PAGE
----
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Found 37 results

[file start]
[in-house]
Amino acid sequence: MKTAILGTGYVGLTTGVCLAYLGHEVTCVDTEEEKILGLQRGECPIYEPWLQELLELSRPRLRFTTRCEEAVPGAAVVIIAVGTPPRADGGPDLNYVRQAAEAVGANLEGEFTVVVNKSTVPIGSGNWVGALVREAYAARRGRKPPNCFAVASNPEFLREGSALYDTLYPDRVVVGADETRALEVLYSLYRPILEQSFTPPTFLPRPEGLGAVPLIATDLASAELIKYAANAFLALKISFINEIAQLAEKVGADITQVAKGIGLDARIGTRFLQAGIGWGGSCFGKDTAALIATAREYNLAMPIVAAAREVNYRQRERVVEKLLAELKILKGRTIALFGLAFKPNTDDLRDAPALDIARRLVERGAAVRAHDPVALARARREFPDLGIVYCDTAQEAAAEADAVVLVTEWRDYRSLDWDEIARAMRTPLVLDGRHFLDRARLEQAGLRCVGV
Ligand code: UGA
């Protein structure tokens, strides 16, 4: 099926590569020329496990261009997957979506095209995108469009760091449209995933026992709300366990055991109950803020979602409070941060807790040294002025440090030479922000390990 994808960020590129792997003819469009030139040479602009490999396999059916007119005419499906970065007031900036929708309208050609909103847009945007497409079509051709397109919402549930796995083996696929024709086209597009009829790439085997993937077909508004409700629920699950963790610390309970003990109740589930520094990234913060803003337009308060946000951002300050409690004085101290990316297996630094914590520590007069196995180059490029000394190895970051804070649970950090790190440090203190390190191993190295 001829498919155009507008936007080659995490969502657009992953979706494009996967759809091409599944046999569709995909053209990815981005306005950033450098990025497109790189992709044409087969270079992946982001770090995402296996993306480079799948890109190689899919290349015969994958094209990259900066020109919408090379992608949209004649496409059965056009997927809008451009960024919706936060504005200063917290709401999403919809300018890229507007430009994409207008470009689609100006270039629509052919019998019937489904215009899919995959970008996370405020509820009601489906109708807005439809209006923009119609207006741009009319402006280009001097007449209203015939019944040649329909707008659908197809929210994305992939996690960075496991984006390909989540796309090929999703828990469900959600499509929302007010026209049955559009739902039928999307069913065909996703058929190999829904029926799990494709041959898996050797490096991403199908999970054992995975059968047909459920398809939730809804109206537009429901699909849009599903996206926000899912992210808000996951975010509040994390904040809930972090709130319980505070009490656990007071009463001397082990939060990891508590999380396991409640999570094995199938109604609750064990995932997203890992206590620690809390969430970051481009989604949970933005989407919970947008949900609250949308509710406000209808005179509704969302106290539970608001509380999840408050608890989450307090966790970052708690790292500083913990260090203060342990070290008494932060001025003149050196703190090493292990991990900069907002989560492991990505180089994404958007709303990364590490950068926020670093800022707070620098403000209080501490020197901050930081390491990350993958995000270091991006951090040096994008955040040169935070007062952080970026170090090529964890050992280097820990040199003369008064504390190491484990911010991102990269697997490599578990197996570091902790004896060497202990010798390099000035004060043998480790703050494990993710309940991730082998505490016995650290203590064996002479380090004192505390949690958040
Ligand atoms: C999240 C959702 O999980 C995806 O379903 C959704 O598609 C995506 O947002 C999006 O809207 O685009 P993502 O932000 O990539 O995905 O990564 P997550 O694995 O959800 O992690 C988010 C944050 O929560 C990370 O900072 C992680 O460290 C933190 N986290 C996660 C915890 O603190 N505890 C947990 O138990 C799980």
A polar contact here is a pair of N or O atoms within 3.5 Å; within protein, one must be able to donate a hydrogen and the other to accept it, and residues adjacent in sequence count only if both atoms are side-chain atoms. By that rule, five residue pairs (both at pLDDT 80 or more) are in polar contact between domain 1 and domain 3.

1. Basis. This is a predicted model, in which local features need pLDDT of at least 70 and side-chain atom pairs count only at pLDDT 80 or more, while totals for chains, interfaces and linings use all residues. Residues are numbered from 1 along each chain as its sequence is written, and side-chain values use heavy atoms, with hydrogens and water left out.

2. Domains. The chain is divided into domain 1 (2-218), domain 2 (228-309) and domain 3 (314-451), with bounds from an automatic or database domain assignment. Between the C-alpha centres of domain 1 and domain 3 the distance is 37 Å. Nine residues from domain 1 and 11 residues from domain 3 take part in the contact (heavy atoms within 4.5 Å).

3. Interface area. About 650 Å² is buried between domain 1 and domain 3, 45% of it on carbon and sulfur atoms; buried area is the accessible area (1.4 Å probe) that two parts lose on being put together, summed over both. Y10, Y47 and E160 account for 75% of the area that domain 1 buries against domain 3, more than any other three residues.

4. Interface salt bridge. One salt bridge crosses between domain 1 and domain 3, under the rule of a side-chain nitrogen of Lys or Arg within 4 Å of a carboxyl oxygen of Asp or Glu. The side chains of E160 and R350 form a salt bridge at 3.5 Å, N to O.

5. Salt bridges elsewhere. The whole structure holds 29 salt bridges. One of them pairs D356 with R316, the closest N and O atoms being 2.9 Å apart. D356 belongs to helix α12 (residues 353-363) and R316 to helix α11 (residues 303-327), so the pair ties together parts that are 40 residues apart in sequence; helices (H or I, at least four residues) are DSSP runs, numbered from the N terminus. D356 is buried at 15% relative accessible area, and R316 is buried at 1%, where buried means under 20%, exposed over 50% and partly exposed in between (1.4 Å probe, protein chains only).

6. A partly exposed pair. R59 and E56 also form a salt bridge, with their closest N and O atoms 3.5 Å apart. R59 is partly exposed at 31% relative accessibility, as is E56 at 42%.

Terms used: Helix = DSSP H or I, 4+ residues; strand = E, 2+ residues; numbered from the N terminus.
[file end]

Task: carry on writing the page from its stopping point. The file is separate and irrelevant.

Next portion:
1. Montreal fest maverick Serge Losique conquers Montreal scene By SHANE DANIELSEN Claude Miller's "Un Secret," starring Cecile de France and Patrick Bruel In an increasingly corporate fest milieu, Serge Losique is a maverick. Pugnacious, unpredictable, the 76-year-old Montreal World Film Festival chief has for over three decades run his event as a personal fiefdom, as shuttered and inscrutable as the court of Tamburlaine. He's also a survivor, having seen off a recent challenge that would have sunk many a less determined adversary. Launched amid great fanfare in February 2005, the New Montreal FilmFest quickly signed a high-profile director (former Berlin and Venice topper Moritz de Hadeln) and boasted coin from Canada's major government film offices. It was, its backers claimed, the breath of fresh air the Montreal film scene badly needed. But in fact, the newcomer proved one of the fest world's more conspicuous train wrecks. The omens were not good: Both the fest's staff and its board were castigated by de Hadeln in the Canuck press just days before opening night -- but the reality proved far worse, with few (and flummoxed) guests, an empty red carpet and most films unspooling to near-empty houses. "It was," one attendee commented, "like watching the Lusitania go down. For 11 days." From across town, you could practically hear Losique's sigh of satisfaction. Sure enough, after that first, disastrous edition, the plug was pulled. Bloodied, but defiantly unbowed, the veteran fest celebrated its 30th anniversary last August. However, the very creation of a rival fest signaled other, more serious concerns -- specifically, a deepening feud between Losique (who runs his event as a private company, even owning its principal venue, the Imperial Theater) and his chief funders, Canadian government bodies Telefilm Canada and Sodec, the Quebec film agency. Both claimed disenchantment with Losique's autocratic managerial style and "lack of accountability" to the local film community. In electing to side with the NMFF, they expected his event to fold. Instead, the tyro event went under, leaving both bodies with oeuf on their faces. "The problems we encountered in the last two years with Telefilm Canada and Sodec are due to the fact that they are judge and jury," Losique reports. "Sooner or later, this approach to culture has to change." Losique has challenged the status quo before: "We raised these questions (just) as we raised questions about the rules of FIAPF (the Intl. Federation of Film Producers Assn.). We quit them. Now FIAPF is better, with new rules, and we are a member again." In the same way, he says, the relationship with Telefilm Canada is "becoming more normal." His lawsuit against them has quietly been dropped: "We're not yet kissing each other, but we are talking to each other." Unpredictable programming Still, Telefilm has not committed to reup its funding: a spokesman would say only that MWFF was still "under evaluation." Sodec, however, has returned to the fold, announcing in June that Losique's event would be once again among the eight Quebec film fests to share its annual C$800,000 ($750,000) pot. For many attendees, the chief virtue of the World Film Fest -- and the reason for its enduring importance on the fest landscape -- is the sheer unpredictability of its programming. Where Toronto, true to its origins as the Festival of Festivals, essentially culls a greatest-hits lineup from Berlin, Cannes and Venice, the Montreal slate comprises many off-the-radar pics from across the globe. Last year saw entries from 76 countries; this time, filmmakers from Chad to the U.S. will compete on equal terms for the Grand Prix of the Americas, the event's major award. Many of these will be world premieres. As such, it's a distinct change from the homogenous, shopping-list selections of most fest selections. Or as Losique puts it: "Our goal is to find the best films from as many countries as possible. We are not looking for 'names,' because even great names can produce bad films. In some festivals, you see the parade of stars and starlets offered by the marketing junket machine of Hollywood. We are not here to please dubious merchants, but to display the gems of the film industry." Still, he admits to a growing sense of dejection: "The emotional mystery of cinema is disappearing. Today you can buy any film on DVD on the same shelves with cat and dog food. Films d'auteur are gradually dying at the box office, and that's a danger for a quality film festival and also for cinema in general." The only way forward, he believes, is to retain a sense of perspective: "If you're too big, it's not good for cinema and discoveries. If you are too small, you do not exist for the media and sponsors. A festival should not be so big that you cannot even appreciate the films. Some middle road must be found."